Renewable energy legislation looks to be absent from the tax cut stimulus package despite Obama's previous emphasis on the importance of green energy in stimulating job growth. While proponents are still hopeful that democrats will be able to add renewable energy in response to the high cost of tax cuts, energy is currently competing with a crowded legislative agenda. See the following post from The Street.
As President Obama's massive tax cut plan reaches its final stage of negotiations, renewable energy, one of the President's hallmark items, again finds itself a beggar at the Capitol Hill ball.
Both the solar and wind industry trade groups released the unwelcome, though not unsurprising news on Tuesday, that their year-long lobbying effort to convince Congress to extend the cash grant program for renewable energy projects looked likely to be a loser.
The solar and wind industries weren't giving up the fight for good, but the prospects for the cash grant program dimmed as it didn't make the final round of negotiations and would have to fight for legislative space as an "extender" item.
Extenders, as the one-off items added to large pieces of legislation are known, could still include renewable energy pet projects, but tax and political experts said the cash grant program, in particular, face daunting prospects in the legislative end game.
Keith Martin, a tax partner with Chadbourne & Parke who has worked with the renewable energy industry on federal incentive programs, said even though the situation on the Hill is fluid, and Democrats aren't pleased with the tax cut package, the fact that the cash grant program was not part of the final negotiations makes it that much more difficult now to add to the larger legislative vehicles. "It's pure politics now and people just elbowing their way into the package," the tax attorney said.
The elbowing is a good metaphor, as once again renewable energy finds itself competing with a crowded legislative agenda and coming up short in the end when fighting for space among the crowd of higher profile, or at least more politically expedient, items.
President Obama said at his press conference defending the tax cut plan on Tuesday afternoon that it had to be done protect American jobs and keep the economy moving forward.
Economists on Wall Street lauded the plan as exactly the stimulus that the U.S. economy needs. Yet this is also a President who has prided himself on making renewable energy a hallmark of job growth and economic competitiveness for the U.S.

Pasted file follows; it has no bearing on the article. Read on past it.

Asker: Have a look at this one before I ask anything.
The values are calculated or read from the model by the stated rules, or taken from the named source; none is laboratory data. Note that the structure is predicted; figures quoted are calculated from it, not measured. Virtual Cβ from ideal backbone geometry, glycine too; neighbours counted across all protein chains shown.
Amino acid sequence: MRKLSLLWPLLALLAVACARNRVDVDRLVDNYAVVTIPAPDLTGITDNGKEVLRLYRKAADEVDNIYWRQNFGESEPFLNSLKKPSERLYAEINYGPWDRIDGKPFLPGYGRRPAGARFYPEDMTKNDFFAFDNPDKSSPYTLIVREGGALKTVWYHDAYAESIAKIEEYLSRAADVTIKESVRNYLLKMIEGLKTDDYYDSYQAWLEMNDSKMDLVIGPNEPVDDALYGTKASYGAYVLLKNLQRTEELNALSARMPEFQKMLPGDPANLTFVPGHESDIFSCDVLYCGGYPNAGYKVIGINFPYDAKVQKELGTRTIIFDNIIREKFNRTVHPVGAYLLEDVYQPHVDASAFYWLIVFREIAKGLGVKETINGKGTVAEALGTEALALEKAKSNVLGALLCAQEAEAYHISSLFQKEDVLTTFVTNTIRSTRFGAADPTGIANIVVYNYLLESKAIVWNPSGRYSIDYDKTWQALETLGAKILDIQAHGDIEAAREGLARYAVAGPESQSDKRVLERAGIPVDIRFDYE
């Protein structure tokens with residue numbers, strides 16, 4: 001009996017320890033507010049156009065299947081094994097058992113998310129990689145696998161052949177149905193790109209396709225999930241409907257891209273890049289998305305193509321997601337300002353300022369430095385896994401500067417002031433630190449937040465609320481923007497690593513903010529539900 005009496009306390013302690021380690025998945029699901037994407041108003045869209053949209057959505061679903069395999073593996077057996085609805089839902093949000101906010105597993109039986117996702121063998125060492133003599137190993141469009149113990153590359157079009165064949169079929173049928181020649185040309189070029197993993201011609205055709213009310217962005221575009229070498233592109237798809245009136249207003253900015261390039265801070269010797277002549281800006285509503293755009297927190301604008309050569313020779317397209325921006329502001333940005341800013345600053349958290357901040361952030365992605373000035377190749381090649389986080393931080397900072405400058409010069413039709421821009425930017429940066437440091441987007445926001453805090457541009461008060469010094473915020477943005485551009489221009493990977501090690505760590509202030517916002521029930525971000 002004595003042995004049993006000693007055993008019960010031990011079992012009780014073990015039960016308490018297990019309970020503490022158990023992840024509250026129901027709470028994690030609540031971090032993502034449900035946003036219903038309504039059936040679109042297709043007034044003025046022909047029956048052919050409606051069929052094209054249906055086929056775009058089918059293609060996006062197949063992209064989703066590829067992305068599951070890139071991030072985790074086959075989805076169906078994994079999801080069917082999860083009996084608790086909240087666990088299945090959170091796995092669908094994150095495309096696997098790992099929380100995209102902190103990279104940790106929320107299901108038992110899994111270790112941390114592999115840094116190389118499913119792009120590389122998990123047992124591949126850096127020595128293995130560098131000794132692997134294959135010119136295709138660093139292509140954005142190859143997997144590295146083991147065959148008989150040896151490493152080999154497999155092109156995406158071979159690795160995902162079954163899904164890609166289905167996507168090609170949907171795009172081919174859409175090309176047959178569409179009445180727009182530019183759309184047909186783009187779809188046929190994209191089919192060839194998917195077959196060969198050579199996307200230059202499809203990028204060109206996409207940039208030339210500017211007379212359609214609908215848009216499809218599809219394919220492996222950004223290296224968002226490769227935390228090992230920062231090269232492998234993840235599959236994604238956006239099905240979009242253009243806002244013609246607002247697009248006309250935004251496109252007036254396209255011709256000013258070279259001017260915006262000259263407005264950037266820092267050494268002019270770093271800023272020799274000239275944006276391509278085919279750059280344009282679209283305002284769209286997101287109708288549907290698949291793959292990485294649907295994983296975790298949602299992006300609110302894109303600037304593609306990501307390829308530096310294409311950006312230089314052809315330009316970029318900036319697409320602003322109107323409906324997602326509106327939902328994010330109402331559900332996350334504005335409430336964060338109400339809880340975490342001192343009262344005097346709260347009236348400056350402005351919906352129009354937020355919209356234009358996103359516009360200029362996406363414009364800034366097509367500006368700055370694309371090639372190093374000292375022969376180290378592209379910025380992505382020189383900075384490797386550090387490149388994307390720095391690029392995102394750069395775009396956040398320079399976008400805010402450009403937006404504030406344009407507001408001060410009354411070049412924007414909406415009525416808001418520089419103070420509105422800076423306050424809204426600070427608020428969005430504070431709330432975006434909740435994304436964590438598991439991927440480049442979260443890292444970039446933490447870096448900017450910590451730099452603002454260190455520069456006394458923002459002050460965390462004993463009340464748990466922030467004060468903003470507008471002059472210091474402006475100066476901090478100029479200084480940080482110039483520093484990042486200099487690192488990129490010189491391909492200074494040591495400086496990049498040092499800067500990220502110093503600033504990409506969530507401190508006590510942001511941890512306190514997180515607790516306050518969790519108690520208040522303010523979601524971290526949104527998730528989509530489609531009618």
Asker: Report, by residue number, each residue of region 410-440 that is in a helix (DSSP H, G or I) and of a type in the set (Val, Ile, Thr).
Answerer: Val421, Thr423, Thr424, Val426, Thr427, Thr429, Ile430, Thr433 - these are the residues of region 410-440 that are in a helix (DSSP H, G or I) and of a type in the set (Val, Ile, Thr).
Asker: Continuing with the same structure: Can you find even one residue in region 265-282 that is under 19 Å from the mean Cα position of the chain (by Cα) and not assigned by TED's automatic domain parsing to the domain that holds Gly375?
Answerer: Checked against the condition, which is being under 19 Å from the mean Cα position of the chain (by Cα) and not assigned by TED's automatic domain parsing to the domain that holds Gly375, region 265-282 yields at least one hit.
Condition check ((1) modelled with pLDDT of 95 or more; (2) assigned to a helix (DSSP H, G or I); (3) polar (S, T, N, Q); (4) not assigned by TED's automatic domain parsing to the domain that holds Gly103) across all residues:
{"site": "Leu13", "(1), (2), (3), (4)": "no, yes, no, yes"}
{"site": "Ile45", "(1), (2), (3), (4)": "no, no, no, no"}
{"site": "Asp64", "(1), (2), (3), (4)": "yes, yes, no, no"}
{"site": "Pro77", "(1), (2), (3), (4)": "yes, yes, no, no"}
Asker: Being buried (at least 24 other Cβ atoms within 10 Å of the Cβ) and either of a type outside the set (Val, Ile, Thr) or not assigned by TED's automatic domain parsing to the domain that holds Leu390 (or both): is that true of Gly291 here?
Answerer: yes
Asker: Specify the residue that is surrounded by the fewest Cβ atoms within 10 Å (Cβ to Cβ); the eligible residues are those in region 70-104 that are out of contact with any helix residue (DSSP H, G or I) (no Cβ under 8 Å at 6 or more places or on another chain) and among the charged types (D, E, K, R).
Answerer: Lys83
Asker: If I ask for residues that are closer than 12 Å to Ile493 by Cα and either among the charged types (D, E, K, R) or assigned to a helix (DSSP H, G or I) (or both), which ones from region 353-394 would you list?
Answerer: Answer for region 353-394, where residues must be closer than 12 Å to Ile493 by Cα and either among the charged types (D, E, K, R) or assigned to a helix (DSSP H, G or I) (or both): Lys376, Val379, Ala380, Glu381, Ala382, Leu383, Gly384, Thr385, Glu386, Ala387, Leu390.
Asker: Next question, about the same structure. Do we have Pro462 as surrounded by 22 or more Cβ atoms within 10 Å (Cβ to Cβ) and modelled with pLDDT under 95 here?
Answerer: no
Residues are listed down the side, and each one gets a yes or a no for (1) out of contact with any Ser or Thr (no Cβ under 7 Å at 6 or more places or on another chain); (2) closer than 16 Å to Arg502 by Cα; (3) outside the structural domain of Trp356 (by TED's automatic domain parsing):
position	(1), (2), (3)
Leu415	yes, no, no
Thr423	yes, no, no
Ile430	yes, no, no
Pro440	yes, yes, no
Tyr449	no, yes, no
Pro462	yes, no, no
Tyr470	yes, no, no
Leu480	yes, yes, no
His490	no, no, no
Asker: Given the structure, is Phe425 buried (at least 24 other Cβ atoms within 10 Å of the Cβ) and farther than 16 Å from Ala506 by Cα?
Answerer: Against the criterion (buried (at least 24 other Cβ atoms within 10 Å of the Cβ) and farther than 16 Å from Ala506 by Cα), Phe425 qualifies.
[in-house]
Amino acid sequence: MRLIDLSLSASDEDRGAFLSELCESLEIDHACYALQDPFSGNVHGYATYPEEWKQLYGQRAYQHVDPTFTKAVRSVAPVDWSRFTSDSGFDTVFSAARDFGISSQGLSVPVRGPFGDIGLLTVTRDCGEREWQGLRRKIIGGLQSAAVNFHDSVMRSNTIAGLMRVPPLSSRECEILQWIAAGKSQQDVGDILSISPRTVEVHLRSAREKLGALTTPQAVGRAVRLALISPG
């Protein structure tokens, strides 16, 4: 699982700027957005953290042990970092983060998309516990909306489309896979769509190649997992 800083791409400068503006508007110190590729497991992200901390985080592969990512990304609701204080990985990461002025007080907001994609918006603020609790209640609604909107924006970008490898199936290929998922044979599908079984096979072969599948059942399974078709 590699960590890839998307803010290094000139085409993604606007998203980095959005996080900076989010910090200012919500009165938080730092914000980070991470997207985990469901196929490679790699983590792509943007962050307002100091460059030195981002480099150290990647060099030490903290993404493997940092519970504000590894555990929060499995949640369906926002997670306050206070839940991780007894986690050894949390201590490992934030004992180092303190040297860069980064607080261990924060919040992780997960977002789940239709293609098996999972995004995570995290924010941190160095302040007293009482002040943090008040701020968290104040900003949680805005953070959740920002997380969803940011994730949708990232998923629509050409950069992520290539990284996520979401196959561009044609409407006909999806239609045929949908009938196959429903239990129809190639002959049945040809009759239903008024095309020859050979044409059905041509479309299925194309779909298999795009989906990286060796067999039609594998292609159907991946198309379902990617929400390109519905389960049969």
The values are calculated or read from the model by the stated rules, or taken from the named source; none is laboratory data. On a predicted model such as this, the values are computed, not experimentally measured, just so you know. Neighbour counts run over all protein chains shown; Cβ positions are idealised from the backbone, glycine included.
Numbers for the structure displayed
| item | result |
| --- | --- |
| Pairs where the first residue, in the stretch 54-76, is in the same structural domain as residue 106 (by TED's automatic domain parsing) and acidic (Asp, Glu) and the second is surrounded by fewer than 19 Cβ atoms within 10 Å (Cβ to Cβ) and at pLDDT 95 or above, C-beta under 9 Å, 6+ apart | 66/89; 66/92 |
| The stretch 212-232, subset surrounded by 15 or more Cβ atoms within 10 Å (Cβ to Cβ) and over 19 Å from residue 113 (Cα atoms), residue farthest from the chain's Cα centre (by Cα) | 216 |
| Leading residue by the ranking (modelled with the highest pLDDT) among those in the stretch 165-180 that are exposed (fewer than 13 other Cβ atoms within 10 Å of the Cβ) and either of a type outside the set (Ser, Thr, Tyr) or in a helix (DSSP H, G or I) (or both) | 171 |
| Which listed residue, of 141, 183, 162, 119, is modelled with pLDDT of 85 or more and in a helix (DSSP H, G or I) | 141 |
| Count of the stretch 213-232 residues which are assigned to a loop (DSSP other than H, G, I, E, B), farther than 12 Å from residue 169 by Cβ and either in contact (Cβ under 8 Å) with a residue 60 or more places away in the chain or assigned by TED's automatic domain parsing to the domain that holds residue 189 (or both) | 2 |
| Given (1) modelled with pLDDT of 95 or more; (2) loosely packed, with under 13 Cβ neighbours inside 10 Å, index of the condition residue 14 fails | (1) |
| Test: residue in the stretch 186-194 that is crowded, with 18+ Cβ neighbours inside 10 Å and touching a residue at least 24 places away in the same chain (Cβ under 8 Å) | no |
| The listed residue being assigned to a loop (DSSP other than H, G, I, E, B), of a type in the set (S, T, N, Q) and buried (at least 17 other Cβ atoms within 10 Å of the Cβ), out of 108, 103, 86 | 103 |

At least for the 2010 legislative agenda, it looks like protecting tax cuts for the most affluent Americans -- while adding a little more to the wallet of the lower and middle class Americans -- is a more important economic and political calculus than the much-talked about importance of renewable energy as part of a 21st century capitalist model for the U.S. If that's the way it should be for now, it means that in the least, renewable energy backers need to hold the President's feet to the fire next year, if no significant renewable energy items make it as extenders in the current legislative package.
Of course, the cash grant program under section 1603 of the economic stimulus package was never intended to be a permanent structure to support the renewable energy industry. From that standpoint, it's always been a wildcard as to whether the cash grant structure would receive an extension, and the renewable energy industry will be returning to the original federal incentive program, under which renewable energy project owners receive tax credits, as opposed to cash grants.
"This was an emergency stimulus program designed as part of an economic recovery package," noted FBR Capital Markets political analyst Ben Salisbury. "You either have to pay for it or add it to the deficit, and when you are trying to whip up a massive vote on controversial legislation, there is less worry about smaller items like that," the analyst said. "It's a pretty tough needle to thread," he added.
Efforts to extend renewable energy credits have failed several times this year over opposition to offsetting tax increases. On the other hand, given the high cost of the tax-extension bill, the renewable energy credits would seem to be a relatively small addition to the legislation.
The impact of the cash grant program - and the fact that the renewable energy industry wasn't necessarily expecting to win this fight - could be seen in the decision by solar bellwether First Solar(FSLR) to begin constructing a solar project it had not yet sold in the third quarter, to make sure the project would be eligible for the cash grant.